Both the radical history of zine-making and my roots as a printmaker have played a big role in how I have approached this research. Digital publishing has generated new ways of reaching audiences but due to its often intangible nature, something which digital publishing can lack, is the ability to ignite our senses. Combined with human imagination, the advancements in technology continue to go beyond expectations and I am interested in how perceived parameters around this can be challenged. I’m especially keen to explore the role of traditional techniques used in both the creation and distribution of zines and what this looks and feels like when reimagined and applied in digital spaces.
With the aim of making activism more accessible, amplifying radical messages, sharing educational resources and building communities of care, I plan to experiment with different forms of creativity to develop hybrid digital and physical experiences. Disabled artists and artists who experience chronic pain have for a long time found new ways to come together and connect within and beyond our networks. Having entered wider consciousness in response to the pandemic, new possibilities around access, such as collaborating with people across the country and internationally, have opened up. Holding my research discussions with people in both physical and digital spaces will inform how content is produced and shared across the different spaces we navigate, with a focus on exploring frameworks for embedding care.
The opportunities that come with digital publishing allow us to push the boundaries of what a ‘zine’ could be and therefore how people access the content that Shelby x Studios offers. Through this process, the current zine will continue to shapeshift from static pages to recorded discussions, interactive worksheets, visual notes, moving images and other forms of creativity I am yet to imagine.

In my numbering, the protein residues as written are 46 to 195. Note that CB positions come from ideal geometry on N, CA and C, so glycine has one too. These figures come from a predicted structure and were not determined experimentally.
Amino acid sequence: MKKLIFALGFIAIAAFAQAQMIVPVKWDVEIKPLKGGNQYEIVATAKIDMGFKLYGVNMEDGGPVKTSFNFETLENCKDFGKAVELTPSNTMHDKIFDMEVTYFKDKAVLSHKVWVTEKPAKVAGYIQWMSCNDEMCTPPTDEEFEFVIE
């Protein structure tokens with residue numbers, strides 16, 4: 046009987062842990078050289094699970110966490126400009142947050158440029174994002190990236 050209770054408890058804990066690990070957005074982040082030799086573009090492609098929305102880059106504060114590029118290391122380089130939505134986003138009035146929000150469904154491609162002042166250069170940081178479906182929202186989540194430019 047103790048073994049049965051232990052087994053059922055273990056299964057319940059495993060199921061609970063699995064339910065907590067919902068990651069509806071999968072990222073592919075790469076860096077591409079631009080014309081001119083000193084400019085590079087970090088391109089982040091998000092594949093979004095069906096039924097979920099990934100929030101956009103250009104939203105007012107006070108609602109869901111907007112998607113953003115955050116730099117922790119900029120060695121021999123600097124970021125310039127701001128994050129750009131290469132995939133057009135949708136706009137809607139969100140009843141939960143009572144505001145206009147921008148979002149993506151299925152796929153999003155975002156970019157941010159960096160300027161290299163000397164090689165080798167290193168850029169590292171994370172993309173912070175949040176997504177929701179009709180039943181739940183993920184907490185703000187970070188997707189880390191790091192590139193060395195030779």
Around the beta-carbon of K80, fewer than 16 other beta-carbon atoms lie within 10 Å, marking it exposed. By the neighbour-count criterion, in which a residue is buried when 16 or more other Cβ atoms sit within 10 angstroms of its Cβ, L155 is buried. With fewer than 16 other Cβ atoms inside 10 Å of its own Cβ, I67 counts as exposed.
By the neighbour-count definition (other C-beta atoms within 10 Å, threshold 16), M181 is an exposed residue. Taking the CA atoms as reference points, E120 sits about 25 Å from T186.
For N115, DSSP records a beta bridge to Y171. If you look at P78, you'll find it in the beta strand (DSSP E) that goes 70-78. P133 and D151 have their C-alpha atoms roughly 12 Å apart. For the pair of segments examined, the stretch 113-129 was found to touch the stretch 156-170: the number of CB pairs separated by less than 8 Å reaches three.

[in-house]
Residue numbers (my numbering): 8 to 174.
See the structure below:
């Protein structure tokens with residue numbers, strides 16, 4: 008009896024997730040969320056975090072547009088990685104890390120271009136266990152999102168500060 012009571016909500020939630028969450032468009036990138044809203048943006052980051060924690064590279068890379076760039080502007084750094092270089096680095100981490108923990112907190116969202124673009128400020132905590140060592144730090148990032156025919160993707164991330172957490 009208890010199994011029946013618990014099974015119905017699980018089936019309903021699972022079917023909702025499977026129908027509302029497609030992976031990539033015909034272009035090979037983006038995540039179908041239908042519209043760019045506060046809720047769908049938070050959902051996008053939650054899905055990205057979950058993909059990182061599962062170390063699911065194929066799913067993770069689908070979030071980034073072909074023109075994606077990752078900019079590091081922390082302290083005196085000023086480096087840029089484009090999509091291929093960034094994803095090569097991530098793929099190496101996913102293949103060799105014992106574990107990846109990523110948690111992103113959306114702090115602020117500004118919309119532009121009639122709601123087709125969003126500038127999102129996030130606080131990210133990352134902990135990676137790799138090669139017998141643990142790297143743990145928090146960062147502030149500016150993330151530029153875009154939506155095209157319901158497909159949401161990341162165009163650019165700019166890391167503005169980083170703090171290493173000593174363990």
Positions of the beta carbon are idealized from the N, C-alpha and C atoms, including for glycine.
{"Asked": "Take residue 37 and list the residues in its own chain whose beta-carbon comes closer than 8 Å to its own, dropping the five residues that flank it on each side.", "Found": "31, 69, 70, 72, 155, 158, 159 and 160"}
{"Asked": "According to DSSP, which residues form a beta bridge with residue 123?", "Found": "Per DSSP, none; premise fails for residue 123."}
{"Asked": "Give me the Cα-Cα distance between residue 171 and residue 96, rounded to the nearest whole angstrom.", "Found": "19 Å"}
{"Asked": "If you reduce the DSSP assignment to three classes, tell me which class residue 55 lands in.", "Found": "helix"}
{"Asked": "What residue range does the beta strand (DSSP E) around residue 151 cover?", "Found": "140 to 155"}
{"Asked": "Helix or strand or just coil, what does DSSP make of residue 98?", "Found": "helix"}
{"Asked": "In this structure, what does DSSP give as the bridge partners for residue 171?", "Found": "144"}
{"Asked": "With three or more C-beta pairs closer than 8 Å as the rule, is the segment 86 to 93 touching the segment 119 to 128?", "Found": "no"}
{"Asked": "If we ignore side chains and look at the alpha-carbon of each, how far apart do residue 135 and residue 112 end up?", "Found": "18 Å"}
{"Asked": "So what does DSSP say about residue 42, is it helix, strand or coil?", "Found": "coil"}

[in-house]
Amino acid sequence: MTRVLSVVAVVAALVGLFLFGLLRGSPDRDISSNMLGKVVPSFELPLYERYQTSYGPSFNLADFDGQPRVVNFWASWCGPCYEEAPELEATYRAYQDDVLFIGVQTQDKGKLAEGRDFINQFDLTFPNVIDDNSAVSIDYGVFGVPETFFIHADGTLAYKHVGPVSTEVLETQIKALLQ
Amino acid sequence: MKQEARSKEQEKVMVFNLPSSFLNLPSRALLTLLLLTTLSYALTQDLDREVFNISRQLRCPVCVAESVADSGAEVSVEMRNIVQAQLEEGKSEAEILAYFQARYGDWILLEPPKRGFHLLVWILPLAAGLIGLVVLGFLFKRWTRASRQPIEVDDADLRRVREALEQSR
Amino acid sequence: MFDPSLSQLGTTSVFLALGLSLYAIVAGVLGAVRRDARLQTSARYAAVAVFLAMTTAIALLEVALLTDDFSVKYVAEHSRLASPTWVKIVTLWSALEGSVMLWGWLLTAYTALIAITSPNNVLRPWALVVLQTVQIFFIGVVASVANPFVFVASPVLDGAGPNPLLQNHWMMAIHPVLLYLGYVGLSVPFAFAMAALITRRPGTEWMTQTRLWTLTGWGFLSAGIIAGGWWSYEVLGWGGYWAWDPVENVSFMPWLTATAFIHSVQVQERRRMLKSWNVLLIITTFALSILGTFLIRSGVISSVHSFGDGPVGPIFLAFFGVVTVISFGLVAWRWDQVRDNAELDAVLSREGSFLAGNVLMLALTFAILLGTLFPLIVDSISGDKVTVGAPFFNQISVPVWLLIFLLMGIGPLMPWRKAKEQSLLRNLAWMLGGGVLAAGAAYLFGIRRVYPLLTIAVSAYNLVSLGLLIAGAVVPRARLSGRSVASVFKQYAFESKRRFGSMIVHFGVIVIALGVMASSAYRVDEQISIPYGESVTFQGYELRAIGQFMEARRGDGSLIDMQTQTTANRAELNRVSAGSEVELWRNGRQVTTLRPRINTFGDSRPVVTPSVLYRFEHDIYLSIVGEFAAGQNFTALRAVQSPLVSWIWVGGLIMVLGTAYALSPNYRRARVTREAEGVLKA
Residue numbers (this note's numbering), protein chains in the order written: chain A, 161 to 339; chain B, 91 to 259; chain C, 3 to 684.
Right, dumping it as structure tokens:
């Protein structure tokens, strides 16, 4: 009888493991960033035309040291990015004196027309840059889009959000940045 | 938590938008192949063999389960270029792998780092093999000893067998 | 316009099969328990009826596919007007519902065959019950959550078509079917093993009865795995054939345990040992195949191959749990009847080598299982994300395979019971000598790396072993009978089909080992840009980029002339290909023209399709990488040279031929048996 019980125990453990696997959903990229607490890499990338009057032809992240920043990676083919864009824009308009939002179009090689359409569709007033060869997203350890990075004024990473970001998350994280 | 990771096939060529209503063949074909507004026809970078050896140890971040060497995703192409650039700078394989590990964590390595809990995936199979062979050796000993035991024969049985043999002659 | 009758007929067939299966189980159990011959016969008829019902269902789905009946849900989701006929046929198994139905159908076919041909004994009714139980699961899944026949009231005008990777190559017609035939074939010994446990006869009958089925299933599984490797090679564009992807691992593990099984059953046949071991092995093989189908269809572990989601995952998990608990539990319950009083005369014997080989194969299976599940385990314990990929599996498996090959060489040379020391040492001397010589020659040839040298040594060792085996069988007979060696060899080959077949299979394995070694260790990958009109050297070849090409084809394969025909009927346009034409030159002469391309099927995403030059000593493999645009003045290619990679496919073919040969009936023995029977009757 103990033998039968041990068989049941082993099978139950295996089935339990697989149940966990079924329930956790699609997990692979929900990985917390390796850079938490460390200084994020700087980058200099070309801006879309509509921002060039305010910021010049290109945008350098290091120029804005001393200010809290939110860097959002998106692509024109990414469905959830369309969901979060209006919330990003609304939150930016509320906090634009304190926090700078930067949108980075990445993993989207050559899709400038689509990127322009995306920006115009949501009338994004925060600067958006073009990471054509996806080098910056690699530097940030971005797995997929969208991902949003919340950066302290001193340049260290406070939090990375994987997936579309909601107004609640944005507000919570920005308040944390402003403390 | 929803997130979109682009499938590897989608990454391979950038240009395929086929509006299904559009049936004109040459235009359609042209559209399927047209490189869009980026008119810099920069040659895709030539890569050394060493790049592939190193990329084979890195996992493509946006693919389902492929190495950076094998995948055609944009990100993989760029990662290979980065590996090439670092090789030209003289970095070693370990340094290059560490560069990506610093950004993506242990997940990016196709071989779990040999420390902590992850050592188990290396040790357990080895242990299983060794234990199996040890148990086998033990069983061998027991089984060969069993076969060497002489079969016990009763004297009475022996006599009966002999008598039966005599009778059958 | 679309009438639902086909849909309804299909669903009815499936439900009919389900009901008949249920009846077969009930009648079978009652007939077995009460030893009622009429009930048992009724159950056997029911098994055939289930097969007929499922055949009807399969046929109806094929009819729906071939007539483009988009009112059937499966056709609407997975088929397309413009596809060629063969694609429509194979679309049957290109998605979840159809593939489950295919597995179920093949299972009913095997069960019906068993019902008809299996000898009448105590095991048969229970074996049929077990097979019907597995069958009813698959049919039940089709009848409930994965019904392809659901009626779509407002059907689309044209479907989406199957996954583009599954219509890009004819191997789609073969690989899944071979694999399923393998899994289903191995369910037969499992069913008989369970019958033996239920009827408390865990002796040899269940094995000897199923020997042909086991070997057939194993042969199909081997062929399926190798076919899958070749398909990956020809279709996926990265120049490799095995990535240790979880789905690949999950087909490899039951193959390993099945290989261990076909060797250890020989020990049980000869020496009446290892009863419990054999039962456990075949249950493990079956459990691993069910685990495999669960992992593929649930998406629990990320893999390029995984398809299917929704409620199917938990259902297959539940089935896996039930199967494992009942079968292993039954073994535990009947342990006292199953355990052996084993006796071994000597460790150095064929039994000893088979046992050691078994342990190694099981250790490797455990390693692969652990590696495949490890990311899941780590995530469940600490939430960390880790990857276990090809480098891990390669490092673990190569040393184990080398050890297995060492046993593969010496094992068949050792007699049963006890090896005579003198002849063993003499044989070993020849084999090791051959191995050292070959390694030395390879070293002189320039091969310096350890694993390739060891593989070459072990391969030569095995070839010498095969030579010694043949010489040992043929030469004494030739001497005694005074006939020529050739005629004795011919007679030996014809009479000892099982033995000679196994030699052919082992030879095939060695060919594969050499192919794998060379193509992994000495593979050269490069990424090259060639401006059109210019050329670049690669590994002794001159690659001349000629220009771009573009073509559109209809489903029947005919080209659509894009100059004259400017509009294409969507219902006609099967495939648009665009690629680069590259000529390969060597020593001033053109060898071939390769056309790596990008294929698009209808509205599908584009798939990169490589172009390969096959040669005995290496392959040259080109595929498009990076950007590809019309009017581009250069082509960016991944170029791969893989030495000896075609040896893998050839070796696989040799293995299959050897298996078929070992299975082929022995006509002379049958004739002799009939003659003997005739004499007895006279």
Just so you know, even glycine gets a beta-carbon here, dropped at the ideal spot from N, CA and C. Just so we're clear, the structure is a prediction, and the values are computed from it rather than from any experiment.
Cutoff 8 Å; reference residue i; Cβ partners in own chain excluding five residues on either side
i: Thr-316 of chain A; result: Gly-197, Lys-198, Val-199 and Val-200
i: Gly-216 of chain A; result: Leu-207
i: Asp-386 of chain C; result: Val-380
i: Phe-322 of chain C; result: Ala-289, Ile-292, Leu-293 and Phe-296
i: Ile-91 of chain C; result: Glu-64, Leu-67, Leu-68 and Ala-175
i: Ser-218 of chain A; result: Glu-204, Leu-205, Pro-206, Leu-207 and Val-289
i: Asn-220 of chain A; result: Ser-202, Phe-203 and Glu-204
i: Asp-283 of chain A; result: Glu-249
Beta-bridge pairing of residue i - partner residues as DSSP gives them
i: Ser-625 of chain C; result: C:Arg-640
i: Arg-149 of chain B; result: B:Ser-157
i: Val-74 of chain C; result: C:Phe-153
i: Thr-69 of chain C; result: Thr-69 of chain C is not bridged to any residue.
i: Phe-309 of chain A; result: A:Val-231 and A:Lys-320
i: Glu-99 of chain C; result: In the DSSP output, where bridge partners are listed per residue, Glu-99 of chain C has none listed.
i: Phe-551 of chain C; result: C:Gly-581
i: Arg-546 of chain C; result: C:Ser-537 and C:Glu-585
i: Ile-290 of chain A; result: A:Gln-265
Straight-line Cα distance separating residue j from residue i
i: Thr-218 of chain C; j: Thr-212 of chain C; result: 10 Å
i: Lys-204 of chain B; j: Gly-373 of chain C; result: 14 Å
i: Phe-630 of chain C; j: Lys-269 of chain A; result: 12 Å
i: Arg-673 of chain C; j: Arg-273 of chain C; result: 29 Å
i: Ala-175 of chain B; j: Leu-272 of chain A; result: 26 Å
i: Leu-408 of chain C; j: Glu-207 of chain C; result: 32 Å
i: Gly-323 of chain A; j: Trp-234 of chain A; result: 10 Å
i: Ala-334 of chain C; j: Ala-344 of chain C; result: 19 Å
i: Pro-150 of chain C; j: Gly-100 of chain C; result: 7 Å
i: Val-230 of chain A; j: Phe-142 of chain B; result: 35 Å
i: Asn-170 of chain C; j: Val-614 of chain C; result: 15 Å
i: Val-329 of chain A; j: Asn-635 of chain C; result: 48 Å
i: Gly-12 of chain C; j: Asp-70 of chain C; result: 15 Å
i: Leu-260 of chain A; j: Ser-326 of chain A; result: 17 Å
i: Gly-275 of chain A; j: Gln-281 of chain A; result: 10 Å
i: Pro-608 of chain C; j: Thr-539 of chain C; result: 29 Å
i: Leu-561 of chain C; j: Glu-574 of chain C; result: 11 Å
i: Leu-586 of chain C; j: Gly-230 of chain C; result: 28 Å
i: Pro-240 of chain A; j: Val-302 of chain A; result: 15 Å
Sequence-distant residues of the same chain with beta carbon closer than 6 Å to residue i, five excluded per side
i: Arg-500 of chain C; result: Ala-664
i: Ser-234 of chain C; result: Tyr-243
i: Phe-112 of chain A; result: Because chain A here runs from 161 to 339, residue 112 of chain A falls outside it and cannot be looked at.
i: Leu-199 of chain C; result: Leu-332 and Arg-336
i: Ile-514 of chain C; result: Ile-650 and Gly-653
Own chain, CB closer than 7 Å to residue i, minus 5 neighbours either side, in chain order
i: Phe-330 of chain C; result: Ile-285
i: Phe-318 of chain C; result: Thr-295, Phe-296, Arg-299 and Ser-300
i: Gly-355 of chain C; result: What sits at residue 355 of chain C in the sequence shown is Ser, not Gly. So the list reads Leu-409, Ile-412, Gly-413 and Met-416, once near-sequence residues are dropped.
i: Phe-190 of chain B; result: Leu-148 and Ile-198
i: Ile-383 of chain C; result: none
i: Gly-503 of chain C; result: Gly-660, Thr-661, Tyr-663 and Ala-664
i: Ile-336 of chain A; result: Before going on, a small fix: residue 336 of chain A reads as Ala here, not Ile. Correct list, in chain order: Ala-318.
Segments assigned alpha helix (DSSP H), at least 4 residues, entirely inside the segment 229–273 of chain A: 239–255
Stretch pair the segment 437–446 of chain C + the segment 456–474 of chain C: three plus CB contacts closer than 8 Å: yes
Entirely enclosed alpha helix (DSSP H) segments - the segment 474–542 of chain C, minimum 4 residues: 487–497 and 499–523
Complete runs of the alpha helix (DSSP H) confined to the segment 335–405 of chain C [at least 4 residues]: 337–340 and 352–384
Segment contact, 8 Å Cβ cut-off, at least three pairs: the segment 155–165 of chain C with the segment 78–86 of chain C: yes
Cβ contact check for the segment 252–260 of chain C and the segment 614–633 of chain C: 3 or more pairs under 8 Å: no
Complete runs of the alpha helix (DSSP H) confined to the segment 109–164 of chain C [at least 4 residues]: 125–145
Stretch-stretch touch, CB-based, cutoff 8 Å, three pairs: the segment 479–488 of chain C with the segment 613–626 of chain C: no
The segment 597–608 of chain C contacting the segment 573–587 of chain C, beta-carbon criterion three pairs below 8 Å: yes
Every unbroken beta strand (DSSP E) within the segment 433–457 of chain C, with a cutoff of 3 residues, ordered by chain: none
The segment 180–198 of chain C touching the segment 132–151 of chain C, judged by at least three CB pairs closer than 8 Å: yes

The process of collaboratively creating content can be healing and allows space and time to reflect, connect and develop ideas. This space for discussion between artists and activists will enable us to challenge one another, raise new questions and highlight the importance of sharing ideas and resources. By celebrating the role that community plays, I hope to engage new and diverse audiences, whilst strengthening existing relationships.
In order to overcome barriers to participation, I seek to push back against the ways in which current systems can prohibit us. This series of zines will unpack what activism means, challenge stereotypical associations of particular identities and bring hidden topics out of the shadows.
If you are interested in anything this blog has gone into, I would love to hear from you. You can contact me via firstname.lastname@example.org, check out more of my work via www.shelbyxstudios.com or instagram and support the zine here.
Children’s literature has always been a genre curious to experiment and play with media. Just think of pop-up-books and how the Alice in Wonderland adaptation Alice for the iPad (2...
In the Summer of 2017, I have found myself in the novel position of teaching a drone to write poetry. Such endeavours invariably have a story behind them, and this article will off...
Live theatre performance in XR (extended reality), which includes both Virtual Reality (VR) and Augmented Reality (AR), is a rapidly growing field of digital drama that sits at the...
This is an abridged version of a keynote speech delivered at the MIX Conference 2019 With the increasing convergence between creative industries and artificial intelligence, the...
I began my PhD in Creative Writing in the autumn of 2012 in the afterglow of the hugely successful London Olympics and Paralympics and on a wave of hope of empowerment and equality...
Since the beginning of 2021, we at The Writing Platform have been taking a deeper look at all kinds of digital storytelling and have begun to publish our articles around several th...